When considering the location and methods of construction for your property improvements, it is important to always keep tactical considerations in mind. While taking advantage of favorable terrain and solar exposure is important for your food production systems, it is also critical that you consider primary tactical needs such as maintaining open fields of view/fire around your home, denying a potential attacker as much cover as possible, and building your fighting positions so that they are effectively located, while also blending into the context of your property. Creating each of these elements in a well thought out and coordinated manner will help you create a tactical landscape for your homestead or retreat.

If tactical elements were your only concern, you would live in a fortress located on a mountain peak devoid of any and all vegetation and other concealing features. If feeding yourself was your only concern, you would live in a lush garden that was so dense with plants that you wouldn’t be able to see more than a few feet in any direction. Given these opposing considerations, finding a realistic balance is the goal.

When locating food production systems such as a greenhouse, raised bed planters, or an edible forest garden, choose a location that works well with the terrain and solar exposure, but that does not block tactical views from the house that are within close range (50 yards minimum, 100 yards is better). In addition, consider constructing items such as the greenhouse and raised bed planters so that they can be used by you as fighting positions. For example, the lower portion of a greenhouse can be constructed from stone or concrete with small firing ports. Even better would be to construct a partial-buried greenhouse, which would allow you to see over the top of the structure, while providing a protected position from inside. You can also build your raised bed planters at waist height and fill the lower two thirds with sand or gravel, which offers great drainage for the garden soil, but also acts as a position of low cover and concealment. Keep in mind that almost every tactical element you add to your property can also be used by an attacker, so be thoughtful about each item. For example, the raised bed planters that you can use for cover and concealment can also be used by an attacker, but if you have an elevated view of that position, say from a second floor window, the raised bed planters still provide you with the greater advantage as a defender.

When building fighting positions, provide ballistic protection for all positions using materials such as steel, stone, concrete, soil or a combination of these materials. As a general rule of thumb, you want a minimum of 6” of stone or concrete, or 18” of compact soil for small arms ballistic protection. Whenever possible, camouflage the fighting position by using stone and vegetation that is native to the property. Work with the existing topography when digging a position into a slope so that it smoothly transitions into the adjacent angles of the hillside. Be sure that any tactical position is located well below the existing horizon line as seen from the lowest point of a potential attacker’s position, in order to prevent being silhouetted against the sky, plus be sure that all tactical positions have a backdrop that also prevents being silhouetted from any rearward light source. When using sandbags/earth bag construction, cover the exposed surfaces of the bags using native stone, vegetation and/or soil to enhance the camouflage and prevent ultraviolet degradation of the bag material. Be sure that all plants, rocks and other native materials are in their natural setting and position. You don’t want your replanted tree leaning at a thirty degree angle or the mossy part of the rock stuck in the ground with the dirt covered portion exposed in the air. Look at the surroundings and mimic them so that everything has a consistent appearance.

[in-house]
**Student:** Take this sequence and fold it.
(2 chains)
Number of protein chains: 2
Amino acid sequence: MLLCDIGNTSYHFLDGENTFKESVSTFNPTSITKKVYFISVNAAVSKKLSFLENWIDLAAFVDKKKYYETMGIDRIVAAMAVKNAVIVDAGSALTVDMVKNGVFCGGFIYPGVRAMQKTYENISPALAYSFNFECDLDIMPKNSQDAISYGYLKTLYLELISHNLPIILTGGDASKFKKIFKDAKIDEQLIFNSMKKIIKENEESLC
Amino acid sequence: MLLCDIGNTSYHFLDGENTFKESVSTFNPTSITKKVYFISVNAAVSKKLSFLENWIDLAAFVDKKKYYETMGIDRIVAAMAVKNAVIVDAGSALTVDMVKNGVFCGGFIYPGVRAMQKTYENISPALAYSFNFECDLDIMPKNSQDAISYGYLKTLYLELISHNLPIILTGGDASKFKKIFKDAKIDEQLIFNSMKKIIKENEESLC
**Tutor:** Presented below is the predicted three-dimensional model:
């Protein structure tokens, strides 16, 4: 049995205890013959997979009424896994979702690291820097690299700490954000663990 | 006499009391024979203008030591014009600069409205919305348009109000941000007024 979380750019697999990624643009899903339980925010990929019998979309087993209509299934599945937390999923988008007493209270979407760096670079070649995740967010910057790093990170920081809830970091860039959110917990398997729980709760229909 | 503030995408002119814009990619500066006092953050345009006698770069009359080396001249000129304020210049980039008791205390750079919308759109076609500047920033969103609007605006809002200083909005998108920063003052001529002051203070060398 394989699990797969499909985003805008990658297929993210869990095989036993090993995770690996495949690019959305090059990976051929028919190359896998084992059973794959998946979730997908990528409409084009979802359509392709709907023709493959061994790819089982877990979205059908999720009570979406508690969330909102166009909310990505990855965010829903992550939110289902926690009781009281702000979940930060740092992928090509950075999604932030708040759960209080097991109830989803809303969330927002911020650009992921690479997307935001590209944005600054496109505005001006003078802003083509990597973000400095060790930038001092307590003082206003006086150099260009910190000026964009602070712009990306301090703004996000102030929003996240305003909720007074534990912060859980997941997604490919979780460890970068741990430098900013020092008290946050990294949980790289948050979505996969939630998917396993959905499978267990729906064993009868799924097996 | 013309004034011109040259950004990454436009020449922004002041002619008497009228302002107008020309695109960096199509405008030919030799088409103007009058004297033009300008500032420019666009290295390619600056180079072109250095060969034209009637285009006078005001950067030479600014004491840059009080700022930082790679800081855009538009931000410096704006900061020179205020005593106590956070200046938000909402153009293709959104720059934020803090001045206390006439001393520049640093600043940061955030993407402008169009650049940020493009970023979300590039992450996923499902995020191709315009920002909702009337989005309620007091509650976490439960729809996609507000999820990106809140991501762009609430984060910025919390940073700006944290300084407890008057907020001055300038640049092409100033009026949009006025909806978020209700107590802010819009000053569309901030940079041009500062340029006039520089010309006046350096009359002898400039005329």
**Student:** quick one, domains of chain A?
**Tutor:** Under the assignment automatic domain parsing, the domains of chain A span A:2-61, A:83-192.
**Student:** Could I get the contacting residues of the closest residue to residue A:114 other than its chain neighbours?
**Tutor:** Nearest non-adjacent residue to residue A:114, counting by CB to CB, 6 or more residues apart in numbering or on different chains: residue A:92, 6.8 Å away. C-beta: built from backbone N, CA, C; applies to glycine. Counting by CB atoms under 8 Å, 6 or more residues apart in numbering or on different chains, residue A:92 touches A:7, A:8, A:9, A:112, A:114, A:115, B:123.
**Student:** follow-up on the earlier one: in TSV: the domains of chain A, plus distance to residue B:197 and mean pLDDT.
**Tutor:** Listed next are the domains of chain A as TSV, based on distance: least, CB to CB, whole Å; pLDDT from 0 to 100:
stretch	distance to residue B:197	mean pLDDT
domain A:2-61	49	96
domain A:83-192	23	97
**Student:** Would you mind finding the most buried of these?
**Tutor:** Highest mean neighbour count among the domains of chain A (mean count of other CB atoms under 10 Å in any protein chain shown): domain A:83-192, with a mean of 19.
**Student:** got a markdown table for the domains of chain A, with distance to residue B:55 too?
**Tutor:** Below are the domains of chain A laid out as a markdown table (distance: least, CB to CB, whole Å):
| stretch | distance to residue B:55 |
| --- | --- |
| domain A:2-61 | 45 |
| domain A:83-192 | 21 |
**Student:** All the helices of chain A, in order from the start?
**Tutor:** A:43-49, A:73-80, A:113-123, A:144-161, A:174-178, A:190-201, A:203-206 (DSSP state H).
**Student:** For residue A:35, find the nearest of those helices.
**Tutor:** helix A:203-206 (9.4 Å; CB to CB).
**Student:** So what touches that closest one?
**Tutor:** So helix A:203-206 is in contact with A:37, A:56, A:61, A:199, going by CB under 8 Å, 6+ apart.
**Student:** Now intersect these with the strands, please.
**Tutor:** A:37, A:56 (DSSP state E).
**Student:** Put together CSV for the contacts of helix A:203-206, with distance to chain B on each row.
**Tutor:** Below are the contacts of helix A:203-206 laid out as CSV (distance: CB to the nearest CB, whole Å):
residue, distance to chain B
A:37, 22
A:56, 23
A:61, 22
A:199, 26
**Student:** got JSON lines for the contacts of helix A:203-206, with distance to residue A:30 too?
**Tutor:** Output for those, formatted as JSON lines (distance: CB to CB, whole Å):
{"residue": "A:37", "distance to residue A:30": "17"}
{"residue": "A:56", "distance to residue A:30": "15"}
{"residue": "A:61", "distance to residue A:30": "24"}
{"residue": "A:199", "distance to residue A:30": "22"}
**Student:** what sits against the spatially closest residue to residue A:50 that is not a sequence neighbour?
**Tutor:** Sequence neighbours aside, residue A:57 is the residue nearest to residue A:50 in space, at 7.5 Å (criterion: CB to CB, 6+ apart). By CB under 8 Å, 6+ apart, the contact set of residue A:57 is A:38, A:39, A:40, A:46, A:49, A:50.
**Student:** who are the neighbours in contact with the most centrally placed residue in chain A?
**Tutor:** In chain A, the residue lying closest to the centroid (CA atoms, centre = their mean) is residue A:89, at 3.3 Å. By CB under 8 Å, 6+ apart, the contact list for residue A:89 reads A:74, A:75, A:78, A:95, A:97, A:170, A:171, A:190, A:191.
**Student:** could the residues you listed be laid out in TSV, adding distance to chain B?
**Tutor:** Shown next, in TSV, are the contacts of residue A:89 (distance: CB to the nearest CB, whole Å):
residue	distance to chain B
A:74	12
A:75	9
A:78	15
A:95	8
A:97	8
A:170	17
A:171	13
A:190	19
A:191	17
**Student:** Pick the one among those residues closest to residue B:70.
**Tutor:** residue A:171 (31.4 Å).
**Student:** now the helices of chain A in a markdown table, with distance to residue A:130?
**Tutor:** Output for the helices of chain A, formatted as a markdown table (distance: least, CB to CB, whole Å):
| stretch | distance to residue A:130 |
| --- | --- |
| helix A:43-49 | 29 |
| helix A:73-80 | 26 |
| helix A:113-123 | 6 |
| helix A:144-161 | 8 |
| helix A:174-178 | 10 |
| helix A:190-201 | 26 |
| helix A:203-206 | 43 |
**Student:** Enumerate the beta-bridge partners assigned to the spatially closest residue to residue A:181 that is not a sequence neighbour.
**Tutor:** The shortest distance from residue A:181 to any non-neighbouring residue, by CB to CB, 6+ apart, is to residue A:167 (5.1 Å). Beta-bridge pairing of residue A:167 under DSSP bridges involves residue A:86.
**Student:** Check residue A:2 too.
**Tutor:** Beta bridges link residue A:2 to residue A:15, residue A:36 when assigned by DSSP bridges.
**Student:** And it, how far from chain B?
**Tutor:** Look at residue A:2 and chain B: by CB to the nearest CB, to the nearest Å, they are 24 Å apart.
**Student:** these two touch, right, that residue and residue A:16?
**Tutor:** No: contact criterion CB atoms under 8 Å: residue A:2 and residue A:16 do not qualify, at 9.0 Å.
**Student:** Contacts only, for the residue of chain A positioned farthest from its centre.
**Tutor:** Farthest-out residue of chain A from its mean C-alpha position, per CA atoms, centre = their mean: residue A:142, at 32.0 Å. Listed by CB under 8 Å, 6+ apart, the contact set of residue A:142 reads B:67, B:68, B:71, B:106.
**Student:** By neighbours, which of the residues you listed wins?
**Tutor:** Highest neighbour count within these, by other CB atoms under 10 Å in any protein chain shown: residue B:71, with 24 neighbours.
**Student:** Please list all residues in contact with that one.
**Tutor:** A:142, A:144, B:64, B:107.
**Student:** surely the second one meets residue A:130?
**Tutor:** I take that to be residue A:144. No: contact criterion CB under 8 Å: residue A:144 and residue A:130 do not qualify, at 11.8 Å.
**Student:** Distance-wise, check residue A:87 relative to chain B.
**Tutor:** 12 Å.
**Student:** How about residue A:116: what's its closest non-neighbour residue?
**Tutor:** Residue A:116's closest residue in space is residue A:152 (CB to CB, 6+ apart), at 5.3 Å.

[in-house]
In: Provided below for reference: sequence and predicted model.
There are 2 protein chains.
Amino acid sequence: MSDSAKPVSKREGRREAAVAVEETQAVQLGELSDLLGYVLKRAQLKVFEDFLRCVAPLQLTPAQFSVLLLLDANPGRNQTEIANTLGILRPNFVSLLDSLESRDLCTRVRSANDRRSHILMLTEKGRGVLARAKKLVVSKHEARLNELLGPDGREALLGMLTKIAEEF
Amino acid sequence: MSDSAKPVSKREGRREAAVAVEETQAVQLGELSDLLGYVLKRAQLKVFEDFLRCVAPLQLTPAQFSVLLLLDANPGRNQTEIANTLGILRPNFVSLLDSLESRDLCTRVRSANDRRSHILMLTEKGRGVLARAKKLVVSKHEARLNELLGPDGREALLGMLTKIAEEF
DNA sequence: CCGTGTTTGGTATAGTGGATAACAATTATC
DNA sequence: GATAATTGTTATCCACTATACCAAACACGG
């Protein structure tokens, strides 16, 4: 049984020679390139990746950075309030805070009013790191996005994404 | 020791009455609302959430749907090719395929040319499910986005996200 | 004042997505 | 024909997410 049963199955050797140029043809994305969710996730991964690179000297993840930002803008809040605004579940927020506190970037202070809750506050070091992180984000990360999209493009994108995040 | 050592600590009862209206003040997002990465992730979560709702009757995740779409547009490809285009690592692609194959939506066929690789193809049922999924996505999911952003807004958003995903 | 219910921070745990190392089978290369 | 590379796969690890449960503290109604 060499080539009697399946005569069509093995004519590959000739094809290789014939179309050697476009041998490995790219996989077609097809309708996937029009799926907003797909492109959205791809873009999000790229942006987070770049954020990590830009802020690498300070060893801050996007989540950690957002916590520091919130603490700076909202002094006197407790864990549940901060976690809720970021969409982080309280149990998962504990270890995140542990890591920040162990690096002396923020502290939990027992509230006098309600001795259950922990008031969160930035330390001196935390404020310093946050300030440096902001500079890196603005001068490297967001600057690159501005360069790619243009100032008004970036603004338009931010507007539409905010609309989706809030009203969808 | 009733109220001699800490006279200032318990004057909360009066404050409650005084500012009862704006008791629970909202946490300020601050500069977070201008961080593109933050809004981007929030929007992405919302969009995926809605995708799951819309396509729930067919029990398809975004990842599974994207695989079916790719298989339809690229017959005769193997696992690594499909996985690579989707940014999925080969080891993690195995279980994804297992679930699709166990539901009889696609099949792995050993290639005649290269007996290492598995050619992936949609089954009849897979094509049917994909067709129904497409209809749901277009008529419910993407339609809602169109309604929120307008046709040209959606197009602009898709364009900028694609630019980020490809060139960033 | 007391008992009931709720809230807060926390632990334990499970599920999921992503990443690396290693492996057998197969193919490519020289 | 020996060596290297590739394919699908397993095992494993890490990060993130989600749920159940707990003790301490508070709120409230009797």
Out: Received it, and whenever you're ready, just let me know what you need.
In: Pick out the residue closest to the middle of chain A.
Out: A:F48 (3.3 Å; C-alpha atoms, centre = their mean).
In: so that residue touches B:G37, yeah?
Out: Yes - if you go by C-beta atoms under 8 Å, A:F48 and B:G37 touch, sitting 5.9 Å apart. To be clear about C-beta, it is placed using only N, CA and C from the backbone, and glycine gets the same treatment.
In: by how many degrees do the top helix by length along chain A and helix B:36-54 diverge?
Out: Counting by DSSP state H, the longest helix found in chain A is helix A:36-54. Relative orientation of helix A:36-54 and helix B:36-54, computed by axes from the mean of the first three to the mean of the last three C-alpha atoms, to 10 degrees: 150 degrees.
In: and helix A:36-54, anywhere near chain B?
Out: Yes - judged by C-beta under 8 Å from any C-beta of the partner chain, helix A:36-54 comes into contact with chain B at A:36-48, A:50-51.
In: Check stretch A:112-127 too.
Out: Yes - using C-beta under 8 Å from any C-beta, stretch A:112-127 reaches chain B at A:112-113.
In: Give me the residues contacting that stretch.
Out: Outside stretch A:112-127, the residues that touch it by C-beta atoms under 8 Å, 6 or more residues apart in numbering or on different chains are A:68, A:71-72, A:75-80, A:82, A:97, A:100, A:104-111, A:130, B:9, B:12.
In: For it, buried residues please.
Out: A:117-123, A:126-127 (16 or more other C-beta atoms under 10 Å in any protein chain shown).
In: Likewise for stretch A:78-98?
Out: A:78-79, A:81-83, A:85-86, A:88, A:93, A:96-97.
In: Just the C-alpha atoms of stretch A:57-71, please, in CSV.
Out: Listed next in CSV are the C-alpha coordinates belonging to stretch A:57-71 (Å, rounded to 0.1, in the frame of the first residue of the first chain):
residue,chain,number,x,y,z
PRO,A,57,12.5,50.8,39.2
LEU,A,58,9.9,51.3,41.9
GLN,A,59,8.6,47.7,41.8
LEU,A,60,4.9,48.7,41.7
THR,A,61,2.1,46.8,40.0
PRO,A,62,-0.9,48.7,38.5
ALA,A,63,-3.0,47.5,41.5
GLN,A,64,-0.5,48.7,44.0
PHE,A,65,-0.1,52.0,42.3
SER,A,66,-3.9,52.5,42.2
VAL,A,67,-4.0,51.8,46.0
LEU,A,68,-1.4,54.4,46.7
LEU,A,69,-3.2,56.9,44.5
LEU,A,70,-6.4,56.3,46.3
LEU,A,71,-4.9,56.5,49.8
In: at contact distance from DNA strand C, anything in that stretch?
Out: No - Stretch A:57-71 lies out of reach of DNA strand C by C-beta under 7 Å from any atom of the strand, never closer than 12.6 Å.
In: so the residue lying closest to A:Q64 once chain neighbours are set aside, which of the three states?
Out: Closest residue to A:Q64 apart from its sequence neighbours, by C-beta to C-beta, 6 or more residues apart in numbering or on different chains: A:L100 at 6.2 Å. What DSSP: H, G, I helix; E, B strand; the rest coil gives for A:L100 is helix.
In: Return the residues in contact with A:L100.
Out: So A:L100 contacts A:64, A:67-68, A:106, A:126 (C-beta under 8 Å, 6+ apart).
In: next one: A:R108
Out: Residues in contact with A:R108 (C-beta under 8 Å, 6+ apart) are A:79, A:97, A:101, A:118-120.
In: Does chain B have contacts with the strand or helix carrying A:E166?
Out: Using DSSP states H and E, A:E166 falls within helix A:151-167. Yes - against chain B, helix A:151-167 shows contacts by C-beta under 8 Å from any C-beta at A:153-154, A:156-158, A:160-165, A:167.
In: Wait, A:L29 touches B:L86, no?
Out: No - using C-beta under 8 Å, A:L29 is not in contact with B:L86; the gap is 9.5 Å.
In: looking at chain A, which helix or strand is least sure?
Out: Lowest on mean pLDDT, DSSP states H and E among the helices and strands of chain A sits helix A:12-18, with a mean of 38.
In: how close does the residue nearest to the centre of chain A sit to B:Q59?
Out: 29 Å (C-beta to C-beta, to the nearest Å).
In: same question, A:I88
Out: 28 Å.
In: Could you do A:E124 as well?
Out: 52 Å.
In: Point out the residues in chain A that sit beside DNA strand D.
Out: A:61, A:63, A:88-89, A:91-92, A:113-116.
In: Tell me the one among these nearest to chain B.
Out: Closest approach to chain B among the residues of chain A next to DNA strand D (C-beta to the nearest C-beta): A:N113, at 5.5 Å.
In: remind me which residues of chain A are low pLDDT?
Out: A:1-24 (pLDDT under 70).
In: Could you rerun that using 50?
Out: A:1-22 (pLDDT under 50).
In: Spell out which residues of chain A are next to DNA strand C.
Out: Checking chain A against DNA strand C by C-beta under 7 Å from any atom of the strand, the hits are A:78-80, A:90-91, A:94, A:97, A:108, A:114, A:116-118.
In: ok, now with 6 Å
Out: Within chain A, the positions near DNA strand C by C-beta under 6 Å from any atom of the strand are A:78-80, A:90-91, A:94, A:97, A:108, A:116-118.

Should our fragile economy, food supply, power grid, or some other cornerstone of our society fail, the likelihood is that lawlessness will soon follow. Prepare now to keep your loved ones and resources safe from those who would rather take what others have worked hard to obtain instead of working for it themselves. In light of these considerations, the time is now to thoughtfully plan and implement improvements that will turn your current homestead or retreat property into a tactical landscape.

To learn more about an overall ‘Tacticalscape’ property design please contact Brian Domke, our Tacticalscape Guru in the American Redoubt. You can contact him thru his website at STRATEGIC LANDSCAPE DESIGN.